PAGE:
The Wisdom of Generations: Using the Lessons of History to Create a   Values-Based Future
  by Tieman H. Dippel, Jr.
  Texas Peacemaker Publications


"Remember that many blame whoever is in office for the problems and see the solution as voting them out or changing government. However, political leaders are symptoms, not causes of the problems."

Our world struggles under the weight of rising personal and national debt, terrorism, racism, and gender inequality just to name a few of the woes. Yet as the author's book points out through historical examples and through the insightful observations of both Dippel and others, the primary issue behind these problems can often be traced to the disappearance of the Golden Rule in society. When selfishness replaces caring and convenience trumps doing what is right in everyday life, is it any wonder that our nations are dying from within? Dippel has a lot to sound advice to offer in this final book of his Language of Conscience Evolution series, but at its heart is the belief that "the success of any society or nation is directly related to its character, its will, and its educational wisdom based on core values." Yet where do those values come from? It is Dippel's belief that they are instilled by families within the culture, often over generations, and not so much by institutions or other means. Therefore, in order to get a nation back on track we must, as parents and grandparents, teach our children to value the right things in life while being role models ourselves for positive change. "We must set the moral compass."

Dippel begins by examining how his own family's influence had a profound effect on his values and beliefs. In one of the most touching parts of the book, he recalls the words of his father not long before he died as he passed on some final wisdom to his children. He then traces the values trail back to his grandfather, a man unafraid to stand up for the rights of minorities and immigrants in a time period where he could easily have been tarred and feathered for his stance. From his family, Dippel also learned the importance of discipline, obligation, and organization, traits that helped shape his sense of personal dignity. Dippel then includes a speech given by Ambassador Lyndon Olson who stated that one of his favorite comments on his school report cards was "plays well with others." In many ways this is one of the main points the book is trying to make. Playing well with others, or treating people with compassion, dignity, and respect regardless of race, gender, or point of view can have a huge impact on our society and the way our nation interacts with other countries.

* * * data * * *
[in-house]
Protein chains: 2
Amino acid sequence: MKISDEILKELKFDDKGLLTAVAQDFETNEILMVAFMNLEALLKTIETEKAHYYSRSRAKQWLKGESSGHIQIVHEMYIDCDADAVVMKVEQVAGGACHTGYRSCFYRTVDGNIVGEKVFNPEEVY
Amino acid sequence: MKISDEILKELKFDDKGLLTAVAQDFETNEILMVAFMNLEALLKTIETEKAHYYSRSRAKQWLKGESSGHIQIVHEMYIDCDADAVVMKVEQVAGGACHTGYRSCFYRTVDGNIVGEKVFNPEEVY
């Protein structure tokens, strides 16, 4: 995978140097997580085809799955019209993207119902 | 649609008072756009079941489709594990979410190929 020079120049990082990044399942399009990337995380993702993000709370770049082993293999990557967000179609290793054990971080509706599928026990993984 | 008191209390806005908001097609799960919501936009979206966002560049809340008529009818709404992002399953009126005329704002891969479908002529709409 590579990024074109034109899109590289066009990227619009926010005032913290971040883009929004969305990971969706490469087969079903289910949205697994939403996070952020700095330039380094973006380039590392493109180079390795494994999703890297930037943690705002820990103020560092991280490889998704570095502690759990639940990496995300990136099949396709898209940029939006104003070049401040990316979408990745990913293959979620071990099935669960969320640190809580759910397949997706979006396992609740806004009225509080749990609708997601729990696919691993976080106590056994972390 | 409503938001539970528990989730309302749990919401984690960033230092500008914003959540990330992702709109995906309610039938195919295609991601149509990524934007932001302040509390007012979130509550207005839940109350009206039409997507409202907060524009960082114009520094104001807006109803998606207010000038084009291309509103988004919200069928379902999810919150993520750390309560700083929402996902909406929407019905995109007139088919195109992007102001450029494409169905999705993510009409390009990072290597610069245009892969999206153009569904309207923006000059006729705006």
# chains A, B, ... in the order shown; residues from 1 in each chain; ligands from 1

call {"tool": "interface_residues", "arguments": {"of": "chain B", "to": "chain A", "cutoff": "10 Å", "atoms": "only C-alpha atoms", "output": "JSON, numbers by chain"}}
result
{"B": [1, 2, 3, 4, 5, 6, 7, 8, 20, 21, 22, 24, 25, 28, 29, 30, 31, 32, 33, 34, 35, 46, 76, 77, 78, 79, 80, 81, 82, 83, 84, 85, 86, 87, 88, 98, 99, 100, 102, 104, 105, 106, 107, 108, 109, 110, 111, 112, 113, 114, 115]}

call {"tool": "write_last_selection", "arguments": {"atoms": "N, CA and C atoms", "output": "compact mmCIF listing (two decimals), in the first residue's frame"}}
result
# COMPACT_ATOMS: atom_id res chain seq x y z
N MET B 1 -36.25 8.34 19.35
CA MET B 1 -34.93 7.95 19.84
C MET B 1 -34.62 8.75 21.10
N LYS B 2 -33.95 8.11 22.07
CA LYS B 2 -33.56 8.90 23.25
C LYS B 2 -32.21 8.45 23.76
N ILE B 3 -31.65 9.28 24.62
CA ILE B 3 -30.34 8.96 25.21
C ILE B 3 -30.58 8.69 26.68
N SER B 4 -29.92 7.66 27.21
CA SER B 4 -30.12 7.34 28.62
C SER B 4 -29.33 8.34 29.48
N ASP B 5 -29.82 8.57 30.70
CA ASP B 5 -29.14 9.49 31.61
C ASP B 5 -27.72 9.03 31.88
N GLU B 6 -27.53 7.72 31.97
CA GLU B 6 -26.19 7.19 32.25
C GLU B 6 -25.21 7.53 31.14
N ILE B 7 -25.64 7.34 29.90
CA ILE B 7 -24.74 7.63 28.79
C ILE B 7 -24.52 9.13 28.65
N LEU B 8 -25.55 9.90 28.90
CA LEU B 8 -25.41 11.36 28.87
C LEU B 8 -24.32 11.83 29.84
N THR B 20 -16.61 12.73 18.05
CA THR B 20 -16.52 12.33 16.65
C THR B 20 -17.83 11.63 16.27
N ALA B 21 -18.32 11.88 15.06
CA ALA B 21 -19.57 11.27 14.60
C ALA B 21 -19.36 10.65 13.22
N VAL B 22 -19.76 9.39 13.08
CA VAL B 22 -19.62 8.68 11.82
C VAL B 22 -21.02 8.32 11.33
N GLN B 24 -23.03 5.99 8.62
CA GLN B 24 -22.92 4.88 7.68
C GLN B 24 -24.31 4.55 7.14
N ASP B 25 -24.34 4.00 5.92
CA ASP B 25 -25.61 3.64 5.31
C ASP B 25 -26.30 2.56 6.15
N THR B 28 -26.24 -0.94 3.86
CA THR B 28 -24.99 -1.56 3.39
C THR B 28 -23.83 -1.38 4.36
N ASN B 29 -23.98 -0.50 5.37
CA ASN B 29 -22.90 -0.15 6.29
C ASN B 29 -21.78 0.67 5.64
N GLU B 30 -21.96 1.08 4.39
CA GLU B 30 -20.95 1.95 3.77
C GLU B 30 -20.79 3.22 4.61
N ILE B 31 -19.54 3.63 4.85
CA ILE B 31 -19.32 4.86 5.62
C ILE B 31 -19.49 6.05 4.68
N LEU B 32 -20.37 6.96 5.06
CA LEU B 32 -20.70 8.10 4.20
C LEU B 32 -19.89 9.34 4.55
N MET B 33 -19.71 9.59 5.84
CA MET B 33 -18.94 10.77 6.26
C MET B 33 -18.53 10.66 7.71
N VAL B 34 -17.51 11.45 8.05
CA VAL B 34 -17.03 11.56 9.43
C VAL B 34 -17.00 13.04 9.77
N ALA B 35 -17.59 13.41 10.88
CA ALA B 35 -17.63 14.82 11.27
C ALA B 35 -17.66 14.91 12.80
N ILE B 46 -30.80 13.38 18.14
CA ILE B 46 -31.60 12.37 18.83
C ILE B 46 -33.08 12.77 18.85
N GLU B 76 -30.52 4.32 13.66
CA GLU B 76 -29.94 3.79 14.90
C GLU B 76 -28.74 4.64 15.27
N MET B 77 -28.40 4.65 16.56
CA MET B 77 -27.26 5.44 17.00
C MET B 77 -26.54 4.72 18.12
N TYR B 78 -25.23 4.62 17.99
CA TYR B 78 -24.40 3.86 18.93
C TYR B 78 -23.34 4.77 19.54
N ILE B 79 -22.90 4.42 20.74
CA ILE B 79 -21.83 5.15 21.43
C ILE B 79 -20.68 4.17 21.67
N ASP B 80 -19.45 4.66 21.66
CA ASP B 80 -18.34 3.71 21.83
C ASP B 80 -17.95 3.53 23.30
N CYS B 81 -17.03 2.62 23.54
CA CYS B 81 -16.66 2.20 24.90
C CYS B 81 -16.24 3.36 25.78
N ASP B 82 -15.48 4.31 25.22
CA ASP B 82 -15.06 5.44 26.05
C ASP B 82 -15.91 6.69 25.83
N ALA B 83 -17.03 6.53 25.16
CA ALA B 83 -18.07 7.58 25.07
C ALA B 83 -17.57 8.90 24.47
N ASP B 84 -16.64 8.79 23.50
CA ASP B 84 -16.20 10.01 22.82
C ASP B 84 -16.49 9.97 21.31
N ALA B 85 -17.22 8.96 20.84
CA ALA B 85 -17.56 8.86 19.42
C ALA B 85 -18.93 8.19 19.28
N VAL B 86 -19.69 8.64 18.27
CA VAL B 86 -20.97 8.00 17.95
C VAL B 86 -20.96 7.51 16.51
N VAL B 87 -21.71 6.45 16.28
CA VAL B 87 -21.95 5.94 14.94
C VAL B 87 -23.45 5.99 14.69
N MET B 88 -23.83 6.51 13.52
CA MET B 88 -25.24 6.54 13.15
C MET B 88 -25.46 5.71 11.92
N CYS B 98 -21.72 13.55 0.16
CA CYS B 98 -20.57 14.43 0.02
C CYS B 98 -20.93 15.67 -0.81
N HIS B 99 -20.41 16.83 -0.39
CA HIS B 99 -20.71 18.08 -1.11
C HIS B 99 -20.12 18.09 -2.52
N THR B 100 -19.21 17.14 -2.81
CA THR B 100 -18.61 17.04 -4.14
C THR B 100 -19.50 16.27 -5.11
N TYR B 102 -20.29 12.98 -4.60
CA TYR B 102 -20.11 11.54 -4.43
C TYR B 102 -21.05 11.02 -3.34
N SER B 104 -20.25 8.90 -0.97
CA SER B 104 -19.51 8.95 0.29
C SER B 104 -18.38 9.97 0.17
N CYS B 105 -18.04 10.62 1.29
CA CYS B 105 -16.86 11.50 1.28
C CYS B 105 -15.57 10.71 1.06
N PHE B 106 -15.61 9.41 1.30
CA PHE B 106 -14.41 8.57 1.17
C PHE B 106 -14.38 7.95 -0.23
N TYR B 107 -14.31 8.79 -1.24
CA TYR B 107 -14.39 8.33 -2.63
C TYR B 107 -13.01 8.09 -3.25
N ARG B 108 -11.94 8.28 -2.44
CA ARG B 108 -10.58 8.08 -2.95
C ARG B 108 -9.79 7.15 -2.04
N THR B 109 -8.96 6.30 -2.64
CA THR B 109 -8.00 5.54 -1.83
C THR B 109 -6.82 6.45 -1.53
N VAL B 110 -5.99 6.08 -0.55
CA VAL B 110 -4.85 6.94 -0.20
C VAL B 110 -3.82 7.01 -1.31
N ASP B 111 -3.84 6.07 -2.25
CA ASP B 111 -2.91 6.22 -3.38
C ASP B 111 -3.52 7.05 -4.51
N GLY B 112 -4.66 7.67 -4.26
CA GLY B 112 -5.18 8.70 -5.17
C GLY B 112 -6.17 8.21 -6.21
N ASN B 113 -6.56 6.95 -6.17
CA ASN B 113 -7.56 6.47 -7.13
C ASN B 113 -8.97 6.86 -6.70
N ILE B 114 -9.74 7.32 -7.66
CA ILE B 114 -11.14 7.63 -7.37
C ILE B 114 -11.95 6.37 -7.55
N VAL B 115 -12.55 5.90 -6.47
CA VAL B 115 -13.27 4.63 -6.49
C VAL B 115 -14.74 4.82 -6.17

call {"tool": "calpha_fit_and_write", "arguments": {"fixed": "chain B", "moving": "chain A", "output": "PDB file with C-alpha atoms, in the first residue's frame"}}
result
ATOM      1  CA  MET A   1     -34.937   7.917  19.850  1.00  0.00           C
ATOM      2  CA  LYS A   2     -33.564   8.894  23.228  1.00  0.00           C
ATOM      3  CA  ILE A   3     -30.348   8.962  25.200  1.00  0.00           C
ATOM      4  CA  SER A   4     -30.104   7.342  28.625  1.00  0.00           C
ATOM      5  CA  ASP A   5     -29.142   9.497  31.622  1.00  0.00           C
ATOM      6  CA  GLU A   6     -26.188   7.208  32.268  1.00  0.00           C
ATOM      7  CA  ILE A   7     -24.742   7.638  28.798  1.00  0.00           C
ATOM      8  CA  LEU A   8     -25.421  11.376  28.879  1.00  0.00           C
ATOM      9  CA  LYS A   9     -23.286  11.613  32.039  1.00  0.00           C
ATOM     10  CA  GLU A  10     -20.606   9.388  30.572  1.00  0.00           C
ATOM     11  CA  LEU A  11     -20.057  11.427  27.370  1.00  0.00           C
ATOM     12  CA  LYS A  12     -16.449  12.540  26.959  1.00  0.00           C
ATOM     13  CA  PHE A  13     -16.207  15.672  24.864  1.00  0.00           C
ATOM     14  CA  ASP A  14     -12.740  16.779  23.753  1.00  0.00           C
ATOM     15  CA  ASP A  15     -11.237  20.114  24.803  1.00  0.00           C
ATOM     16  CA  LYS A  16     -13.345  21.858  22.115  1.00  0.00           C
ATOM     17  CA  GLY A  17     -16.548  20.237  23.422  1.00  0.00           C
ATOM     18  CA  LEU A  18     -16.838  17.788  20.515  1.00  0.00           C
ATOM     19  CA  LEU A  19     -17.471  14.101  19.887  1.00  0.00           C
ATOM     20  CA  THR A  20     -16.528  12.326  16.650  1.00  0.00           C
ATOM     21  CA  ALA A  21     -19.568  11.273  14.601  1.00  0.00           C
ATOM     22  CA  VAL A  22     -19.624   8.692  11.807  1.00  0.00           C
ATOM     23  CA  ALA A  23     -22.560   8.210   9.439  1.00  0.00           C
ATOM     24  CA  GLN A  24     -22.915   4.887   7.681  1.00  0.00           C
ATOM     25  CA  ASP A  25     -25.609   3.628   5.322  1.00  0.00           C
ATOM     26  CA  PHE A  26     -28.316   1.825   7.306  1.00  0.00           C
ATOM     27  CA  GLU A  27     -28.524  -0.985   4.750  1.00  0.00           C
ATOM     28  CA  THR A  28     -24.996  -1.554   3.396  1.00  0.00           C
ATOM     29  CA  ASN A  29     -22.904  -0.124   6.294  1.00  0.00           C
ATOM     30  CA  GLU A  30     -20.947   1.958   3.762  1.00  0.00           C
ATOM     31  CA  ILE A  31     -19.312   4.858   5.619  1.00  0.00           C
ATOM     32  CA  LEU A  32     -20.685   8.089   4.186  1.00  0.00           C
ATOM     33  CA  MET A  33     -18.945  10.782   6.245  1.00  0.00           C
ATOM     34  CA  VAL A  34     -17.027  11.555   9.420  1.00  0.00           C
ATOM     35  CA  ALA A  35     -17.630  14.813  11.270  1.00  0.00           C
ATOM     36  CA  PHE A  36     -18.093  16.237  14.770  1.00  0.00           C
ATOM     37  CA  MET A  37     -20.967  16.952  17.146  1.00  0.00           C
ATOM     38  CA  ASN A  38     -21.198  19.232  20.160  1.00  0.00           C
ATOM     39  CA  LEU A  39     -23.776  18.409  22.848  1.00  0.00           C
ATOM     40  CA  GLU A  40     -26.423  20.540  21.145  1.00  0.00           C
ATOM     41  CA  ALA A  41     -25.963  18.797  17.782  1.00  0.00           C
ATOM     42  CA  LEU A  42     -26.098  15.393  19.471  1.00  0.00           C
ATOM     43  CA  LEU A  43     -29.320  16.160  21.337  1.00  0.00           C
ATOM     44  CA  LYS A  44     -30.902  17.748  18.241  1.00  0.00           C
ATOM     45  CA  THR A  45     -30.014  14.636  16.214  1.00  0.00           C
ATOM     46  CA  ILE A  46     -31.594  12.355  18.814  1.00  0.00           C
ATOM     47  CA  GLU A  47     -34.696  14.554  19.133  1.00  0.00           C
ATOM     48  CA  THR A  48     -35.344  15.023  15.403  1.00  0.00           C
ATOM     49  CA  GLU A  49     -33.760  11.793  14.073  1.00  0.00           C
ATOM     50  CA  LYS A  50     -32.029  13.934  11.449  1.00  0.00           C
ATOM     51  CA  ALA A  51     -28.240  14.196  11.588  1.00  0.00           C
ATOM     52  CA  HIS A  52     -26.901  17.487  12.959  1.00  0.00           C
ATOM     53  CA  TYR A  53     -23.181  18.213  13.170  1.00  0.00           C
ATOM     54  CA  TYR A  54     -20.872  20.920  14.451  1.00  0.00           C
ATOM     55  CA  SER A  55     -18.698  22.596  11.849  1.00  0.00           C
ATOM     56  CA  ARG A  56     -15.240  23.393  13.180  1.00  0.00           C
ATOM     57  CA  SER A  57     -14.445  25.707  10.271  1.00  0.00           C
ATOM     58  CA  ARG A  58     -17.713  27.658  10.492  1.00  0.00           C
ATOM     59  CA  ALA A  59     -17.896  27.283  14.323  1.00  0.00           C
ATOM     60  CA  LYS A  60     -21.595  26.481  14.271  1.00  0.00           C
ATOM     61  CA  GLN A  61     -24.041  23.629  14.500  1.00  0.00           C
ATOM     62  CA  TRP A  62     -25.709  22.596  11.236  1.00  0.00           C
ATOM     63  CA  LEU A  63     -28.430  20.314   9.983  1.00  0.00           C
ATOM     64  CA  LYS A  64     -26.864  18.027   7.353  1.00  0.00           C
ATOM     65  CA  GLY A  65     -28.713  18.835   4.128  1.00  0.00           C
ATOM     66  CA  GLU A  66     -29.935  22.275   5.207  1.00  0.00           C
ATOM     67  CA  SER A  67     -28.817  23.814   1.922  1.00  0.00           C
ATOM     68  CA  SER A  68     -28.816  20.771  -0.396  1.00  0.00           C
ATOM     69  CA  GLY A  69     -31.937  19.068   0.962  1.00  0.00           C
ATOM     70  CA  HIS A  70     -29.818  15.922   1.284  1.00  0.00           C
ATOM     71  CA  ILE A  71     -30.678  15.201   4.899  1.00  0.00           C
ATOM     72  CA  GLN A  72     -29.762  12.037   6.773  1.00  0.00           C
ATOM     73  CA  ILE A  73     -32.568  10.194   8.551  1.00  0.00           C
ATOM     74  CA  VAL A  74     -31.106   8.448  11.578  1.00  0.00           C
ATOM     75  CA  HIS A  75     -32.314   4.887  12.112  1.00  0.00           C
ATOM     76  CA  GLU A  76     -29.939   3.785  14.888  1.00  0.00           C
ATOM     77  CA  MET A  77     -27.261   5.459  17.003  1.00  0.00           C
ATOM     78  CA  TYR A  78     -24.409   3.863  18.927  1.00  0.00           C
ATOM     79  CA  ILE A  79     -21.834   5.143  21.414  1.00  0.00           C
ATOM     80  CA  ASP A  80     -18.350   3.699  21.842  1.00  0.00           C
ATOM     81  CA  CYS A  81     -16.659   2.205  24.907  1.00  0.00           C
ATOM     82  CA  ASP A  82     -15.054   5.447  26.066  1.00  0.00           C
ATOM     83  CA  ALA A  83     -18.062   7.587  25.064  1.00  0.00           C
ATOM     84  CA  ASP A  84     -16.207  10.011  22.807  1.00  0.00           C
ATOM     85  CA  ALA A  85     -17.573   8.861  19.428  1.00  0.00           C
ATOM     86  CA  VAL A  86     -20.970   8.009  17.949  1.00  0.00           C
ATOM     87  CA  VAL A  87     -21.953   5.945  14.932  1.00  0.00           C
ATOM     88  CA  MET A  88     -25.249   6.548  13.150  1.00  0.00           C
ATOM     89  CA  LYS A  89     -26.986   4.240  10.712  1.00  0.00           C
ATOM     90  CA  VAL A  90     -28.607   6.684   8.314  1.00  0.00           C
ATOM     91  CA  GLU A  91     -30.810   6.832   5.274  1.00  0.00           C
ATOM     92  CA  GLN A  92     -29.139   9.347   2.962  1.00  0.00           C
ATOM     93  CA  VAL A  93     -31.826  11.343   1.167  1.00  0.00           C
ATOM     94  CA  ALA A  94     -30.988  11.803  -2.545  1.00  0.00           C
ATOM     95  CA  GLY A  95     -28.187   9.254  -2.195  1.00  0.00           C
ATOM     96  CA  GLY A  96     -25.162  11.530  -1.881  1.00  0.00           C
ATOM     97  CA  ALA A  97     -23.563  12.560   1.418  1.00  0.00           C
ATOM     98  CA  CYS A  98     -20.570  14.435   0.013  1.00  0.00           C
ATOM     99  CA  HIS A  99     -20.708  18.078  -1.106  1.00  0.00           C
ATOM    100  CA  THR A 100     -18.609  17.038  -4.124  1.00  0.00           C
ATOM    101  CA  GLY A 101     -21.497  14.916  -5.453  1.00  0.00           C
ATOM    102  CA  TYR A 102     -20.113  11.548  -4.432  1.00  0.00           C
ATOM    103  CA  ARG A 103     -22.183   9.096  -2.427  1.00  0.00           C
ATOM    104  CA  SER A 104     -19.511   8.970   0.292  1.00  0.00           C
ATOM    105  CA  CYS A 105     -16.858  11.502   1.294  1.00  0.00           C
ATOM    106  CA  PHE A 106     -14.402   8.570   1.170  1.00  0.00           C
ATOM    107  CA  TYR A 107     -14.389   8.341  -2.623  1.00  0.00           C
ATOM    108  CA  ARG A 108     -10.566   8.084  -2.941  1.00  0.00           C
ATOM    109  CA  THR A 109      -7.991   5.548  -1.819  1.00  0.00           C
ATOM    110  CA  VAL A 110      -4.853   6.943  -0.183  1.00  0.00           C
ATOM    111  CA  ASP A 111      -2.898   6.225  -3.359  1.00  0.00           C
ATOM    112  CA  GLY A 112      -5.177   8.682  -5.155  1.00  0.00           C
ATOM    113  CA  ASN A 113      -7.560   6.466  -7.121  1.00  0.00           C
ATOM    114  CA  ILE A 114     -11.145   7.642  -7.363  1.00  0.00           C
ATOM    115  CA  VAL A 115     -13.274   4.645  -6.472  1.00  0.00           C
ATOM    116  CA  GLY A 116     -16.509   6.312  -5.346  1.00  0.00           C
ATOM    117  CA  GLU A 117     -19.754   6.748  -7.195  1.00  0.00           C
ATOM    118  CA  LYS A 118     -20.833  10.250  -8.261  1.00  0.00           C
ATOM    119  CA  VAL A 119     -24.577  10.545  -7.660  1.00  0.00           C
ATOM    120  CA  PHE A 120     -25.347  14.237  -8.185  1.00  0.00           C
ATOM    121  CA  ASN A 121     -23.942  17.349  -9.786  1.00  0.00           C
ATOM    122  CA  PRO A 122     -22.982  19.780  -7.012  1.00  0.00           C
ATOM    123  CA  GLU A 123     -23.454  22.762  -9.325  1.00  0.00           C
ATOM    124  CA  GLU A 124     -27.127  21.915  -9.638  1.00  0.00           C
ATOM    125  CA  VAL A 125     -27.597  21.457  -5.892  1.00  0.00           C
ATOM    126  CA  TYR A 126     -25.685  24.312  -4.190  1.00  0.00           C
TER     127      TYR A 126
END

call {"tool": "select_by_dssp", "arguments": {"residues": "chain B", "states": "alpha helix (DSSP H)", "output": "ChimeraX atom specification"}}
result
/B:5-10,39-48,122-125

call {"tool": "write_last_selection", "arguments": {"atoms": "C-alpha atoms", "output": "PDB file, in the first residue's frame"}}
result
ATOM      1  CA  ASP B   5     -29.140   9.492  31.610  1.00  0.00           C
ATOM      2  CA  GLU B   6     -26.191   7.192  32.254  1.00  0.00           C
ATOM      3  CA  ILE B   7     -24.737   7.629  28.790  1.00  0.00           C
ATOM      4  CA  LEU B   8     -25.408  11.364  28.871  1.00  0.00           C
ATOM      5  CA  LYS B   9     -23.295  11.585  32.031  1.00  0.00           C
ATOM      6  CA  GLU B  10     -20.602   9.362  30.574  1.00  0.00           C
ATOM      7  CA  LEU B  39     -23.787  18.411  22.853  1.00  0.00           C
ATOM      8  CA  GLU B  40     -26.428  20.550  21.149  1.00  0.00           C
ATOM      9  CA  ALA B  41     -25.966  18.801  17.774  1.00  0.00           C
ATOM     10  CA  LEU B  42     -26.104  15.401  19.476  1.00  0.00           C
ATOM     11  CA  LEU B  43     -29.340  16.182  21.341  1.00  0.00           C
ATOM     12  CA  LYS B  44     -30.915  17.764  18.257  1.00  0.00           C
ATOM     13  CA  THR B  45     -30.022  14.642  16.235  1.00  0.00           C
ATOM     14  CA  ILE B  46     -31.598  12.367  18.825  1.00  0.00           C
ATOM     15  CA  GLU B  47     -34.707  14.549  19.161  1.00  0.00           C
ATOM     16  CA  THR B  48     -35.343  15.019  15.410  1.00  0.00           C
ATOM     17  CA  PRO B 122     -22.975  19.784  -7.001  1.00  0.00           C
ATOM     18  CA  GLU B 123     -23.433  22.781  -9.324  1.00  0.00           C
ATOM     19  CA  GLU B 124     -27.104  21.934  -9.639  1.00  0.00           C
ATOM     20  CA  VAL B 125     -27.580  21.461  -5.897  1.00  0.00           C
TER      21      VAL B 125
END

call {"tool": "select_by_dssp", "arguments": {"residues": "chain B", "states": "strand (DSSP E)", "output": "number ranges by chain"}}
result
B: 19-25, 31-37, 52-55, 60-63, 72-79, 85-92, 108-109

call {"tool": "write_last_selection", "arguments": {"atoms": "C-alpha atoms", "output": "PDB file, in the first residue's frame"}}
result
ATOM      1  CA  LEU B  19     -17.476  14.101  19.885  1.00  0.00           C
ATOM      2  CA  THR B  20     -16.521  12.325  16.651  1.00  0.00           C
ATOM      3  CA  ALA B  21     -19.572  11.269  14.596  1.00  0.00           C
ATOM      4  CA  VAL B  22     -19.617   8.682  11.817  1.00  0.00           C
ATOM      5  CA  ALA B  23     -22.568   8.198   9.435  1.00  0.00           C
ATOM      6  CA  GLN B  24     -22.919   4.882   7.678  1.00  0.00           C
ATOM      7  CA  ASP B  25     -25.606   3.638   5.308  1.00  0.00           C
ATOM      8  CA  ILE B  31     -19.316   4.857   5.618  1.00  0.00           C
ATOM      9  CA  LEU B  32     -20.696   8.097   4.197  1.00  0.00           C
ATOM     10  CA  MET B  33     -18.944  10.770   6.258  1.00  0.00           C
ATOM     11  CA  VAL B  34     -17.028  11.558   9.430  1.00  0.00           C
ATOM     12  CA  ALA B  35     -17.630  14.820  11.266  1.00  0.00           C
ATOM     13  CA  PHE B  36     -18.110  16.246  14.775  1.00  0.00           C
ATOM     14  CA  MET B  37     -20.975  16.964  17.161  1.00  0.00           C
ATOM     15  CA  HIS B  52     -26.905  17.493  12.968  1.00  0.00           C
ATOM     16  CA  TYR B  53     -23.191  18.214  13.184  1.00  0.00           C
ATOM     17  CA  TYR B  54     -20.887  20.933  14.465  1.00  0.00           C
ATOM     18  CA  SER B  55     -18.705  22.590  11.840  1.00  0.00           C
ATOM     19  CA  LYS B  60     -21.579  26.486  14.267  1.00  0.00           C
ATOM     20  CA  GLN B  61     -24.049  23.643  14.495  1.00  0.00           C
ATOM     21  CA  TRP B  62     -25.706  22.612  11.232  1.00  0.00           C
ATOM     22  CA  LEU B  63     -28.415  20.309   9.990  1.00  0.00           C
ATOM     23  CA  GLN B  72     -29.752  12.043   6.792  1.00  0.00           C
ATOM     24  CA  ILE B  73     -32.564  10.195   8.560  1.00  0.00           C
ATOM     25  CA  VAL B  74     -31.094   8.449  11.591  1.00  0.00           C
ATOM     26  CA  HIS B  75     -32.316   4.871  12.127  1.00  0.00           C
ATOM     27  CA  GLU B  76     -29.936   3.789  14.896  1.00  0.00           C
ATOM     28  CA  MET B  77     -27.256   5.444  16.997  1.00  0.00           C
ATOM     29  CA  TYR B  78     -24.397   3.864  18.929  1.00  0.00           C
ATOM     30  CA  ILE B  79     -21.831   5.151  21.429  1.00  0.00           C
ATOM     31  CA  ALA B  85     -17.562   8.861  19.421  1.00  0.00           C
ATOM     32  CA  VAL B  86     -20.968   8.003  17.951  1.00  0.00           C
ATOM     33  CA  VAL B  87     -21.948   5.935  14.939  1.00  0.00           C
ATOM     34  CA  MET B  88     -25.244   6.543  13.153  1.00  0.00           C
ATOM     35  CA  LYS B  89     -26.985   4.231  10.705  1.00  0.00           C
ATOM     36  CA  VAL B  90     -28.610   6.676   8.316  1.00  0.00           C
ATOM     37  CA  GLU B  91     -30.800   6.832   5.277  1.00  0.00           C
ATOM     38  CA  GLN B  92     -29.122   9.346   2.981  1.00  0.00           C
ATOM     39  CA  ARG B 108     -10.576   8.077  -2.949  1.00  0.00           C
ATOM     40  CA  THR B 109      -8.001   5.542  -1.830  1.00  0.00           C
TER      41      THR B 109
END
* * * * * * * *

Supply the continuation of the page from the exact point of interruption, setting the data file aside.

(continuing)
In the second part of the book Dippel looks at some specific issues facing our world today. With his background in law, banking, and business it is no surprise that he chooses to tackle in depth such topics as politics, fiscal policies, and understanding what drives our global financial partners, especially China. Much of this latter focus stems from his personal interaction with the Chinese over the years. Yet through it all there is still the thread that treating others as you would wish to be treated is applicable to almost any situation, and that decisions should be filtered by conscience rather than convenience.

Dippel wrote this book mainly for his children and grandchildren, wishing to leave them a legacy of wise teachings and showing them a path to happiness and success. Thankfully, he also decided to share this gift with all of us.

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